The Russian influence campaign on social media in the 2016 election made an extraordinary effort to target African-Americans, used an array of tactics to try to suppress turnout among Democratic voters and unleashed a blizzard of activity on Instagram that rivaled or exceeded its posts on Facebook, according to a report produced for the Senate Intelligence Committee. The report adds new details to the portrait that has emerged over the last two years of the energy and imagination of the Russian effort to sway American opinion and divide the country, which the authors said continues to this day. “Active and ongoing interference operations remain on several platforms,” says the report, produced by New Knowledge, a cybersecurity company based in Austin, Tex., along with researchers at Columbia University and Canfield Research LLC. One continuing Russian campaign, for instance, seeks to influence opinion on Syria by promoting Bashar al-Assad, the Syrian president and a Russian ally in the brutal conflict there.
The New Knowledge report is one of two commissioned by the Senate committee on a bipartisan basis. They are based largely on data about the Russian operations provided to the Senate by Facebook, Twitter and the other companies whose platforms were used.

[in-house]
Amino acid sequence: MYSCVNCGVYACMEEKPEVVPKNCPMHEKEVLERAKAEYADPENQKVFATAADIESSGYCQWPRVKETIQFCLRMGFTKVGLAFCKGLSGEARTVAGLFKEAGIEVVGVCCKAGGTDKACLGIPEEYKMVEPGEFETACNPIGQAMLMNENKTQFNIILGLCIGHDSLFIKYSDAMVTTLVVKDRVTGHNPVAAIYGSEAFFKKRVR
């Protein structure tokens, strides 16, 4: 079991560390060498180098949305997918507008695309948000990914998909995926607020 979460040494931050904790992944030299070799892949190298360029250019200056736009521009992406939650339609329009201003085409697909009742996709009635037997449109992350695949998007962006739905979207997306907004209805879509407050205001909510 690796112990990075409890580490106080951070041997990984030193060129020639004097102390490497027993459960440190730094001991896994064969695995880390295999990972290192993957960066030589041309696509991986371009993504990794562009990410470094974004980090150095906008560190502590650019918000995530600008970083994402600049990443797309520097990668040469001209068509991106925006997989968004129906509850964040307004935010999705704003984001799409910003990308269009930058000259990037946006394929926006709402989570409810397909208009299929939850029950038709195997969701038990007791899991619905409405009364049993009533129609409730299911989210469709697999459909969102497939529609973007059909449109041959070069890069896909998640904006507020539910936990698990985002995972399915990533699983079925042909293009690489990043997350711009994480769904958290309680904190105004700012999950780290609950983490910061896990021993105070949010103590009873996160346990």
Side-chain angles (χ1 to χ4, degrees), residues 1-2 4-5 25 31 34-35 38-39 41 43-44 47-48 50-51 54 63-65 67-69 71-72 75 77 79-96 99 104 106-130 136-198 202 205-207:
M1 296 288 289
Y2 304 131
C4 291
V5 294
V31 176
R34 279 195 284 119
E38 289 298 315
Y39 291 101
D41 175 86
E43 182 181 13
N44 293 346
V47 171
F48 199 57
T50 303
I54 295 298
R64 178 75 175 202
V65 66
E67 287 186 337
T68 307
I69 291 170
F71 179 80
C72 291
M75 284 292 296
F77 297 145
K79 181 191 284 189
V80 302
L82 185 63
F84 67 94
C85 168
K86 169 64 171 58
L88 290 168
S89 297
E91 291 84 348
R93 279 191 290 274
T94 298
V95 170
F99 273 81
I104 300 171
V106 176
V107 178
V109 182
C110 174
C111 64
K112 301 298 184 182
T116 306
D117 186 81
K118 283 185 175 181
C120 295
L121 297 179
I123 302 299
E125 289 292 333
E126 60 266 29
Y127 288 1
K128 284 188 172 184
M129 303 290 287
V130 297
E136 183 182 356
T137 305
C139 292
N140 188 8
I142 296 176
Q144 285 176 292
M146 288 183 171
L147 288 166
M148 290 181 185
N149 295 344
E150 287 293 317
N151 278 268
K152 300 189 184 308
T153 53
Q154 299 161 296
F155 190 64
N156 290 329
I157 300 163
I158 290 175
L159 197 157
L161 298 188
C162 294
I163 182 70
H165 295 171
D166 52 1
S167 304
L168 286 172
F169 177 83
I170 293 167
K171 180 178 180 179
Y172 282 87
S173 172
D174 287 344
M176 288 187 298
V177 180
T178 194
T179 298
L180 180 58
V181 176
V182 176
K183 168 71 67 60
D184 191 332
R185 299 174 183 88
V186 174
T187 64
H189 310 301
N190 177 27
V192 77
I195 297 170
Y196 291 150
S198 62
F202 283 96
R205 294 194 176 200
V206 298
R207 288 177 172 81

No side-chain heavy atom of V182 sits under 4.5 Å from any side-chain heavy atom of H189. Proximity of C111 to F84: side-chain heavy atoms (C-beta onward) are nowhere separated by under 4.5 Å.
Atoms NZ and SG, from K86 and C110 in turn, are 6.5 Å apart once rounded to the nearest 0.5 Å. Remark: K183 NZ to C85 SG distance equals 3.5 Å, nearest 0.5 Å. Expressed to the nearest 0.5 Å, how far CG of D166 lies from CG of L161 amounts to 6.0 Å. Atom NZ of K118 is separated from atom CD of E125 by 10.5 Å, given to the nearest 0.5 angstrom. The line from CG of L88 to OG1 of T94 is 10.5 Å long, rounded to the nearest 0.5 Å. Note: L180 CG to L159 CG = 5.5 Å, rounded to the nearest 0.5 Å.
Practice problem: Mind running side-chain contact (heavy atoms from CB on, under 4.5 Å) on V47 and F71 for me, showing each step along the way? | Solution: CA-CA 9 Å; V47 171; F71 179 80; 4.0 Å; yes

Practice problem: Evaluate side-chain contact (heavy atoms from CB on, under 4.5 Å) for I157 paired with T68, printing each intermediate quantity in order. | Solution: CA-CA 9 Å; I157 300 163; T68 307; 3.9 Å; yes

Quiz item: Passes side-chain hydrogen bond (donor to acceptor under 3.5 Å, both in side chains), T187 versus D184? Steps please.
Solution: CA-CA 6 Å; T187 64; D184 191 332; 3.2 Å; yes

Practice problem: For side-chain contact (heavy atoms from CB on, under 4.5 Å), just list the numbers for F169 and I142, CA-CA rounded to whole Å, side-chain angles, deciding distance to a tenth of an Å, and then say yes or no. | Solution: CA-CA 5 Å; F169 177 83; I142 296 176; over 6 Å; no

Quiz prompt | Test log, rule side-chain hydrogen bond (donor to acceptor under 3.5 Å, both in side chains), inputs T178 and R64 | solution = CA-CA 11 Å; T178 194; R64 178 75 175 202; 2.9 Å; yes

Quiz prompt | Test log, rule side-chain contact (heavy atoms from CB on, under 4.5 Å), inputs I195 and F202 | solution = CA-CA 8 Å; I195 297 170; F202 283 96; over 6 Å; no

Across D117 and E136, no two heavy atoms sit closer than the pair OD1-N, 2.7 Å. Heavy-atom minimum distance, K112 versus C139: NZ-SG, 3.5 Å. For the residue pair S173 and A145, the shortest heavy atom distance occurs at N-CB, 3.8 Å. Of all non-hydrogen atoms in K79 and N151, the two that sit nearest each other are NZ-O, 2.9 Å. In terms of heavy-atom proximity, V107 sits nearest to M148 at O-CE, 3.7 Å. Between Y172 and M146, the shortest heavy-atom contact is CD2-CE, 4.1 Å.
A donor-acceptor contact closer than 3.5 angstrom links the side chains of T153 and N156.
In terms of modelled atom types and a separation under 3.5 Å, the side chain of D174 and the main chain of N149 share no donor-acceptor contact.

[Read the New Knowledge report here.]
The second report was written by the Computational Propaganda Project at Oxford University along with Graphika, a company that specializes in analyzing social media. The Washington Post first reported on the Oxford report on Sunday.
[Read the Oxford report here.]
The Russian influence campaign in 2016 was run by a St. Petersburg company called the Internet Research Agency, owned by a businessman, Yevgeny V. Prigozhin, who is a close ally of President Vladimir V. Putin of Russia. Mr. Prigozhin and a dozen of the company’s employees were indicted last February as part of the investigation of Russian interference by Robert S. Mueller III, the special counsel.